My husband and I sat in a long (sometimes boring) foster parent training class. We listened to speakers discuss the minimum standards for foster parents’ residences. We took notes on TBRI, types of therapy to consider, and important phone numbers. It was . . . a lot. Which, granted, isn’t a bad thing when one is considering parenting or adopting children who are in a difficult situation. 

During the training sessions, the caseworkers discussed the types of foster care and adoption. I used to work as a paraeducator in a special education classroom. I was very familiar with the difficulties presented when helping kids who have been othered by society and require different levels of supervision, education, and interaction from the average middle-school-age child.  

Because of that experience when parenting a child with special needs was mentioned as an option, I thought I had a handle on what that meant. I was actually shocked to realize I was wrong. Or at least, I was sort of wrong. It turns out that according to the department of child welfare, special needs, is a much broader term than one might think. From the DFPS website the definition is as follows: 

The child must be younger than 18 years old and meet one of the following criteria when the adoptive placement agreement is signed:

  • The child is at least 6 years old;
  • The child is at least 2 years old and a member of a racial or ethnic group that exits foster care at a slower pace than other racial or ethnic groups;
  • The child is being adopted with a sibling or to join a sibling; or
  • The child has a verifiable physical, mental, or emotionally disabling condition, as established by an appropriately qualified professional through a diagnosis that addresses: (a) what the condition is; and (b) that the condition is disabling.
  • The state must determine that the child cannot or should not be returned to the home of the parents.

So, we adopted twice and both were considered adoption of children with special needs because we adopted sibling groups. It turns out that many kids who are waiting to be adopted meet the definition of special needs. A sibling group is considered special needs because finding a family willing or able to take a sibling group of four kids as opposed to adopting just one can be more difficult. 

Why might this matter to you? Well, if you, like me, hear special needs and think of cerebral palsy, wheelchair, mental illness, etc., you might dismiss the concept out of hand. Those circumstances may be beyond your level of comfort. Even going in eyes wide open, it can be scary thinking about a kid who will likely need specialized care for the rest of their lives. It’s a big ask for families to adapt to a child with different needs than others.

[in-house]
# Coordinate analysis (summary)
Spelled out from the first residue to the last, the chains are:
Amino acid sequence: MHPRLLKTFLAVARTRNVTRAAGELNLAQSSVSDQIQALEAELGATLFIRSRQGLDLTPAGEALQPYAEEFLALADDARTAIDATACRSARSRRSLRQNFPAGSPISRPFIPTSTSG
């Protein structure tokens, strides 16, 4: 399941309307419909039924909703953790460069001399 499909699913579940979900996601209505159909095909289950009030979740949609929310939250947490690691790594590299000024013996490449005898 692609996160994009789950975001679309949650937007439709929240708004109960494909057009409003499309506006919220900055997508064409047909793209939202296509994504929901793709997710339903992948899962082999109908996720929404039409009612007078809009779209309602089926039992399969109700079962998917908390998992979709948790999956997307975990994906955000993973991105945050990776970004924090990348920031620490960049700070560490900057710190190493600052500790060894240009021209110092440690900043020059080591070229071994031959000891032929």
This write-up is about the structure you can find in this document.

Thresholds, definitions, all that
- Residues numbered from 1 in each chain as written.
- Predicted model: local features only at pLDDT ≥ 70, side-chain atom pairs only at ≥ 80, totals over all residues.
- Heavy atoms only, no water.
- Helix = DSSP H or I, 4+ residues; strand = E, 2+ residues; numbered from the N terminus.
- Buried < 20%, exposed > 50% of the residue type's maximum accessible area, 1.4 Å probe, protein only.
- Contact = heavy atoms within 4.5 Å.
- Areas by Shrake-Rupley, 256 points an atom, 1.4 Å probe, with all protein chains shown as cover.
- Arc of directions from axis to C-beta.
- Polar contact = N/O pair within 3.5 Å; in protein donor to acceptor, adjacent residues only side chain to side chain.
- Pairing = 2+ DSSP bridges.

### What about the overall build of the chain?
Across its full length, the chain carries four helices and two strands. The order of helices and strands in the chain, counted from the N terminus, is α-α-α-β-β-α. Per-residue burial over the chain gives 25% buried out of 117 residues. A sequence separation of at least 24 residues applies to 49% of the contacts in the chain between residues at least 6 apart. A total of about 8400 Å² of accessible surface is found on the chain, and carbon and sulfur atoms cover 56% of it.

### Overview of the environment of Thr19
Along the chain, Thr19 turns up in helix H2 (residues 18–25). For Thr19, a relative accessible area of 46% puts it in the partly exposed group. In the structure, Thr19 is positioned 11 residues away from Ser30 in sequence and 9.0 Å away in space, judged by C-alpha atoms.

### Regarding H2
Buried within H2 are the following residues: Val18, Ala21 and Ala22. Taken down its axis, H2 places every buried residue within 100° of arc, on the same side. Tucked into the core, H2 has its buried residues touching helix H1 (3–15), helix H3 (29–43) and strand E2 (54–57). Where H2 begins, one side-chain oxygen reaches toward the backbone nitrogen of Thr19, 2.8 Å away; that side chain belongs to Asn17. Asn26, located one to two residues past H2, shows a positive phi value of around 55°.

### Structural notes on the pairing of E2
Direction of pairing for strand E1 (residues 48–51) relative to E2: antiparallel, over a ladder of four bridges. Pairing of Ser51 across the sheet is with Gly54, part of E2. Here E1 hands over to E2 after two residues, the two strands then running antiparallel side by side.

I wonder if more people understood that adoption of children with special needs doesn’t mean what mainstream ideas of special needs are. Would it mean that more kids would have homes? It can be an intimidating term to consider. I wouldn’t suggest anyone simply ignore the label and move to adopt four kids at once. 

Let’s revisit the concept of children with special needs in society. Kids who have emotional disturbances are grouped in with children who have physical disabilities. A 14-year-old throwing a violent tantrum because he’s mad he’s not allowed to play xbox is miles away from a kid who needs a wheelchair. ADHD can be considered a special needs situation. Having both first and secondhand knowledge of ADHD—yeah, it’s not a picnic. I’m glad there are required accommodations for my people that need them through the ADA. I feel better knowing my kid can’t be punished because their brain is wired differently. 

My point is, special needs can mean almost anything. If you are considering adoption, and I sincerely hope you are, you might care to consider asking about adoptions considered to be special needs. So many families of kids with physical or mental disabilities don’t know what they are getting into. Choosing to adopt a child with special needs means you can prepare because you know (mostly) what you’re signing up for. 

I can’t lie and pretend that my life is easy peasy lemon squeezy. Even though my kids are mostly typical physically and mentally, they were placed in foster care because they were being abused and neglected. That takes a toll on a child. It takes a toll on a family. All of my kids, my husband, and I are in counseling to help cope with what is truly a tremendous loss for a child. My kids will probably struggle for most of their lives with feelings of rejection on some level. They have emotional issues that sometimes feel like too much. One of my kids can scream for hours. Another throws things when she’s mad. There are tears, rage, and frustration on a regular basis. But some of my mom friends who have biological children tell me their lives can look similar to mine. Children are their own little selves and they act in ways that make perfect sense to themselves while sometimes leaving the adults completely confused. 

So, I hope that if you are considering adoption you would at least consider adopting a child who may have special needs. Special needs are not a euphemism for mental or physical disabilities. In the context of adoption, it is often a label placed on children who may be difficult to place for different circumstances. It’s an 8- and 9-year-old boy and their tiny baby sister. It’s a 16-year-old and her 5-year-old brother. It’s a group of six kids whose parents died in a housefire and no family is left.  And yes, it’s kids who are on the autism spectrum, need a wheelchair, or throw outrageous tantrums when they’re angry.